Today I’m talking with ecologist Katie Oxenham about frogs, how to make a frog pond and why we need frogs and ponds in our gardens. Frogs control lots of insects pests like mosquitos but also a range of other insects including cockroaches. People often worry that stagnant water in a pond will encourage too many mosquitos but if you keep the water occasionally circulating with a small pump, you shouldn’t have more mozzies than the frogs can handle.
You’ll need a pond for at least part of the frogs’ life cycle. You could dig a pond into the ground but even a pre-made above ground pond or water-filled pot on a deck or paving will attract them to your garden.
The best place to put the pond is out in a sunny spot, and not under trees that can drop leaves into it, particularly ones with toxic leaves like oleander or camphor laurel. Frogs can be noisy at night, so you might also want to keep it away from bedroom windows – especially your neighbours!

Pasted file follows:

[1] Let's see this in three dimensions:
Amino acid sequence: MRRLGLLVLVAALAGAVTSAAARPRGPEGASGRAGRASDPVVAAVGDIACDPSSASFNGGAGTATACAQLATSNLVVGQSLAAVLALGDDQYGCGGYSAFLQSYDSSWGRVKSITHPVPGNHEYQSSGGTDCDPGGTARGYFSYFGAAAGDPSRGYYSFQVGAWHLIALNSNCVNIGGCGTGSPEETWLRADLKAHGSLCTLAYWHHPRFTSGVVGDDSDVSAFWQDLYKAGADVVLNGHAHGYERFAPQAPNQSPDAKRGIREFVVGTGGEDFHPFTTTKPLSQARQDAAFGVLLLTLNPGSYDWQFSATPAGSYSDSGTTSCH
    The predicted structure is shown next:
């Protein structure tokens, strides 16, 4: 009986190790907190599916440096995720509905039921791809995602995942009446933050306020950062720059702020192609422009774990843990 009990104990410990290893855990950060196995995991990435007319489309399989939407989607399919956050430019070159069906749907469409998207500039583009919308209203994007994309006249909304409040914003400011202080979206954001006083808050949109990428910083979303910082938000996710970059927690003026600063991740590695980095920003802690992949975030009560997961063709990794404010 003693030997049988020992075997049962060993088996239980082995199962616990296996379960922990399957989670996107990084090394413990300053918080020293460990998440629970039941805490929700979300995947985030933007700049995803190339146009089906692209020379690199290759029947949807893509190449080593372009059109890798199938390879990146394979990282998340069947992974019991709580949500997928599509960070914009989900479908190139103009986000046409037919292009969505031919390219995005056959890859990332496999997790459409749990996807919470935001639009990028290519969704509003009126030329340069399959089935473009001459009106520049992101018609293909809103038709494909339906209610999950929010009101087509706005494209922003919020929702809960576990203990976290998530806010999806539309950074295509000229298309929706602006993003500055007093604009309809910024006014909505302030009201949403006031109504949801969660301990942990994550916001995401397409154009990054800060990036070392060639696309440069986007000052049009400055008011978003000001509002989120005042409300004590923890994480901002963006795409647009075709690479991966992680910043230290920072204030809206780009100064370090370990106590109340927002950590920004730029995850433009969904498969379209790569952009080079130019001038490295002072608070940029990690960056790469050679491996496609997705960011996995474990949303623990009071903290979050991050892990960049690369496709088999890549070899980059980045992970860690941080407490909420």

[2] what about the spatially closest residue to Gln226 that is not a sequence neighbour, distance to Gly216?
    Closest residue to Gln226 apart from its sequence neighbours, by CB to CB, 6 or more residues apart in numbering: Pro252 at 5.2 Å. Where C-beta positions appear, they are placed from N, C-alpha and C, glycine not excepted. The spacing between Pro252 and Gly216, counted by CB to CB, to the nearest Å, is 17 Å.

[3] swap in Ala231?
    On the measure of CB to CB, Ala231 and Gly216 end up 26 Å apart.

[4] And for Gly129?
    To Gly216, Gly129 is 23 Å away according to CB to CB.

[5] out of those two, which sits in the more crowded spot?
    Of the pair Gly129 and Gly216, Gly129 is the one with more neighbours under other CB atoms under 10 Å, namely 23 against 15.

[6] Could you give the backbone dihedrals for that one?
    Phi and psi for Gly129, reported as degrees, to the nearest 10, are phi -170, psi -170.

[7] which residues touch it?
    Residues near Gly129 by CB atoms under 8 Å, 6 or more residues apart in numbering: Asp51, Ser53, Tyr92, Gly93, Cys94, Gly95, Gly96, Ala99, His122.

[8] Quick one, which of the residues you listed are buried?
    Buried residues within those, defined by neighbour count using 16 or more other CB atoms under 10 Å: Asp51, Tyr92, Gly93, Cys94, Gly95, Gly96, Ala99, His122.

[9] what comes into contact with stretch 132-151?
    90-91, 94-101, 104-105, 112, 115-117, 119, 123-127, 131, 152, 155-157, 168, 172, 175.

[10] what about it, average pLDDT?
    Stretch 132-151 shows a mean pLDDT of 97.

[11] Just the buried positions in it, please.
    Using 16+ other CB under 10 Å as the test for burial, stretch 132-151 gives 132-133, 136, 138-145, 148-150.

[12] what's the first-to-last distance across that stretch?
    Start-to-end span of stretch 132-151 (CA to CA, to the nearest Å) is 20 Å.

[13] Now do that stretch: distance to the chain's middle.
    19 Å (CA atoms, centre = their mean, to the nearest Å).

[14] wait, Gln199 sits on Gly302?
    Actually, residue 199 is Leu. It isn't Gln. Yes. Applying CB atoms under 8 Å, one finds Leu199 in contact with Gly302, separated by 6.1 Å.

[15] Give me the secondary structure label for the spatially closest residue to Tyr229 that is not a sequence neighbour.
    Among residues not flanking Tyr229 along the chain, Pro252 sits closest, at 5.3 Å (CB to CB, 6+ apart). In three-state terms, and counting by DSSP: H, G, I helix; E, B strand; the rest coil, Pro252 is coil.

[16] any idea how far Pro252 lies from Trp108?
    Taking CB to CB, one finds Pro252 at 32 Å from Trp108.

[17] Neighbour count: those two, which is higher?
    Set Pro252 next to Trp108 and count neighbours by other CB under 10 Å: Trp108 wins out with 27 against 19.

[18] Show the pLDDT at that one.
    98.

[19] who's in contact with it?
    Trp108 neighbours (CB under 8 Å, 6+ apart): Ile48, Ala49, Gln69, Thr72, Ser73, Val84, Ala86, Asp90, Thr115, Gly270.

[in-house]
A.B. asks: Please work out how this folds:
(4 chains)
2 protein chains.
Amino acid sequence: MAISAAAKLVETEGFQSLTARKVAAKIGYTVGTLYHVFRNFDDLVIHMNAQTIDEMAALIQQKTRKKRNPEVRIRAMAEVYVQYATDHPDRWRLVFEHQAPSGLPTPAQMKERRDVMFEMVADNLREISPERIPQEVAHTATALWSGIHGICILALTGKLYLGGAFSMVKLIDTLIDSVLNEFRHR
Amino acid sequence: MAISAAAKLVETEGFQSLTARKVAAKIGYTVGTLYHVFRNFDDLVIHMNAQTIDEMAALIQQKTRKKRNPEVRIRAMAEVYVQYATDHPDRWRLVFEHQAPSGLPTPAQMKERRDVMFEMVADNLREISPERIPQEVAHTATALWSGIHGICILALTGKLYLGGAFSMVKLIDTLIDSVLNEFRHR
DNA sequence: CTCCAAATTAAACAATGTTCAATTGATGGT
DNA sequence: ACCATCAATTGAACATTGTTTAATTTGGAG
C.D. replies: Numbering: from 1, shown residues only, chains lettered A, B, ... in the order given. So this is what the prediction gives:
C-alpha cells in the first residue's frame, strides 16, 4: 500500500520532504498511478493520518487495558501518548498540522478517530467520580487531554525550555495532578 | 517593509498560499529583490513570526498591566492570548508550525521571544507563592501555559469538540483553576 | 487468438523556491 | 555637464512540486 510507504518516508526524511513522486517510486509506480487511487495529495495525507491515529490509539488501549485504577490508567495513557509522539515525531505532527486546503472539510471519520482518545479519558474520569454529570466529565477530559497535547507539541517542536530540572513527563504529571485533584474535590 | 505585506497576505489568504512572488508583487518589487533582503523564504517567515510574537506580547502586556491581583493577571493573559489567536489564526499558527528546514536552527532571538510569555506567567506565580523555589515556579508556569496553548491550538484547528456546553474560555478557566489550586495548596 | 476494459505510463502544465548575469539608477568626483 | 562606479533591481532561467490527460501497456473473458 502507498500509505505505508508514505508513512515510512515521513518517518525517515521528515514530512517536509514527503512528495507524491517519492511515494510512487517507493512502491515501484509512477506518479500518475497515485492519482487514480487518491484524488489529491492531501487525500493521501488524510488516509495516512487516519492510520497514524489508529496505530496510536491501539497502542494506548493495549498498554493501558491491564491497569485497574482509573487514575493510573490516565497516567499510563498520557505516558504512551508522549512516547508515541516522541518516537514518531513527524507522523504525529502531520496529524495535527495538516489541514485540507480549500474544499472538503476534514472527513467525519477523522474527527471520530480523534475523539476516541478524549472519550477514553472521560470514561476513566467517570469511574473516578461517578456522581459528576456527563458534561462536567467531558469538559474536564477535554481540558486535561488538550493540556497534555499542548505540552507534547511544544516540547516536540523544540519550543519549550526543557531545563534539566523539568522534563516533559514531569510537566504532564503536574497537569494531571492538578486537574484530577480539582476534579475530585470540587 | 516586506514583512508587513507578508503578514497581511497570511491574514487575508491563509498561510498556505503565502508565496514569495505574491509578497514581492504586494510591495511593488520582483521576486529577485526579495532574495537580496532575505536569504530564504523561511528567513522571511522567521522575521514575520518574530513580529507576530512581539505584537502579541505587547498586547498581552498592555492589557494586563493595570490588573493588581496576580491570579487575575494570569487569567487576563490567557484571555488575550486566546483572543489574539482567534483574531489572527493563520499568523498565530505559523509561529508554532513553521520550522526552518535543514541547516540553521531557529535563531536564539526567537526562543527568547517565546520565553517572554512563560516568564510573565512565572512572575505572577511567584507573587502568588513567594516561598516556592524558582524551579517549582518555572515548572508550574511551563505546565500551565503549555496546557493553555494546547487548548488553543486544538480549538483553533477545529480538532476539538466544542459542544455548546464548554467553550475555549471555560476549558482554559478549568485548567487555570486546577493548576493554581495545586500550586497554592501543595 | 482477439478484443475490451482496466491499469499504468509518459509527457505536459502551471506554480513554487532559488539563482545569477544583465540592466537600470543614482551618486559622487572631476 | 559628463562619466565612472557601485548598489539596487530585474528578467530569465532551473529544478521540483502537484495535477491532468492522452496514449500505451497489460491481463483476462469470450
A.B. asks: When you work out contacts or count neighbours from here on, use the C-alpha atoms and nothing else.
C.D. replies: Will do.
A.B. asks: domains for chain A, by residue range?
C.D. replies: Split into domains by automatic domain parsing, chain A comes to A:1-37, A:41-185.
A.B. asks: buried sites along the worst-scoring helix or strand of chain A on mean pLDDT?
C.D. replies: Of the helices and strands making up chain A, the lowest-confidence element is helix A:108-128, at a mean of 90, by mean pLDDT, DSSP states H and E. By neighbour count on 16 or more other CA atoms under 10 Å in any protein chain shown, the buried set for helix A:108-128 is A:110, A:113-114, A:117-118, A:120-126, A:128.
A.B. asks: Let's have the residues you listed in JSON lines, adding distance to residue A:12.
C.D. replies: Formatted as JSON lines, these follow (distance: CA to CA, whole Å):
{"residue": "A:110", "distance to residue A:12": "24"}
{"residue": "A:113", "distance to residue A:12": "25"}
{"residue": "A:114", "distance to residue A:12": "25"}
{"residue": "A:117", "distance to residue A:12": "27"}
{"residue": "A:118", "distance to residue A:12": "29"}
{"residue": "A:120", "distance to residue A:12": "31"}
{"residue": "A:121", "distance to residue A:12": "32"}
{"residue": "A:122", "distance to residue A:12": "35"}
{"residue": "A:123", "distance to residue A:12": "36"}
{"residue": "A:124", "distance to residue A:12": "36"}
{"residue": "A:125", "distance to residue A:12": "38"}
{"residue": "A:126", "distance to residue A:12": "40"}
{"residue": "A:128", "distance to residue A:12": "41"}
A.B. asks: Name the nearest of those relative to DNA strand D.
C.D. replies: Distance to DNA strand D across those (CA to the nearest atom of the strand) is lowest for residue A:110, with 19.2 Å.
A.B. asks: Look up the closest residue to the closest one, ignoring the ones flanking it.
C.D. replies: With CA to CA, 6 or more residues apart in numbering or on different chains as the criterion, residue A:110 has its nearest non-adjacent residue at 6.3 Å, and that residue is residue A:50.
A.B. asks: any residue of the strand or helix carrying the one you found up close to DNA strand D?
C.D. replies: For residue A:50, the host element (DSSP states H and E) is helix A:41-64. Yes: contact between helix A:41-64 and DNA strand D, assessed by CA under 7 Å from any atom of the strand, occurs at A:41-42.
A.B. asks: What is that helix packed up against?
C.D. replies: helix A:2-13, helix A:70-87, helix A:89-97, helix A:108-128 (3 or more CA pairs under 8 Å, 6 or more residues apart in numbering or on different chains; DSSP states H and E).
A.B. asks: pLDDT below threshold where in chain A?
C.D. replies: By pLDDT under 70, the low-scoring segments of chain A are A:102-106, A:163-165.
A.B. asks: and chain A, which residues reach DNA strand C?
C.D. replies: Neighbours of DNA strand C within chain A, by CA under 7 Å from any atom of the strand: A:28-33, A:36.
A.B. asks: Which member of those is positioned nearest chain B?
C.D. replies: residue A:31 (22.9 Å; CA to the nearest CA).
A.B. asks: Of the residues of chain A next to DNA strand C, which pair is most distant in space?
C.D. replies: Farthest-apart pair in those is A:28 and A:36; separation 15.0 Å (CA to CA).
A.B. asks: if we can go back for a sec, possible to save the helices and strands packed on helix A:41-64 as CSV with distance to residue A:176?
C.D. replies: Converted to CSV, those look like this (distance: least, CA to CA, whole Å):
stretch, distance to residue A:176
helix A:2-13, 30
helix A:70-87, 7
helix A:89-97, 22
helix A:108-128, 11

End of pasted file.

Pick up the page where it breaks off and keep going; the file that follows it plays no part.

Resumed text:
A larger pond is better but you have to watch its depth as deeper than 30cm (1ft) might mean you’ll need to fence it off. Create a deeper and shallow end so that the smaller frogs can get out easily but you can also put large rocks or a timber bridge in for those frogs that aren’t such good climbers, like most of the ground-dwelling frogs, such as the striped brown marsh frog.
A small pond will only attract the smaller frogs but in a larger pond, say over 1m (3ft) diameter, you may well end up with a wider range of frogs in your pond such tree frogs, as many frogs will quite happily cohabit with other species.
Include plants in your pond to give them shelter from predatory birds like kookaburras. They often like to sit up out of the water on water reeds to catch a little sun. But make sure that the plants don’t spread too far and cover too much surface area, especially plants like water lilies.
Frogs should find your pond without you having to do anything and DON’T ever take frog spawn from another place as you could be spreading harmful fungal diseases.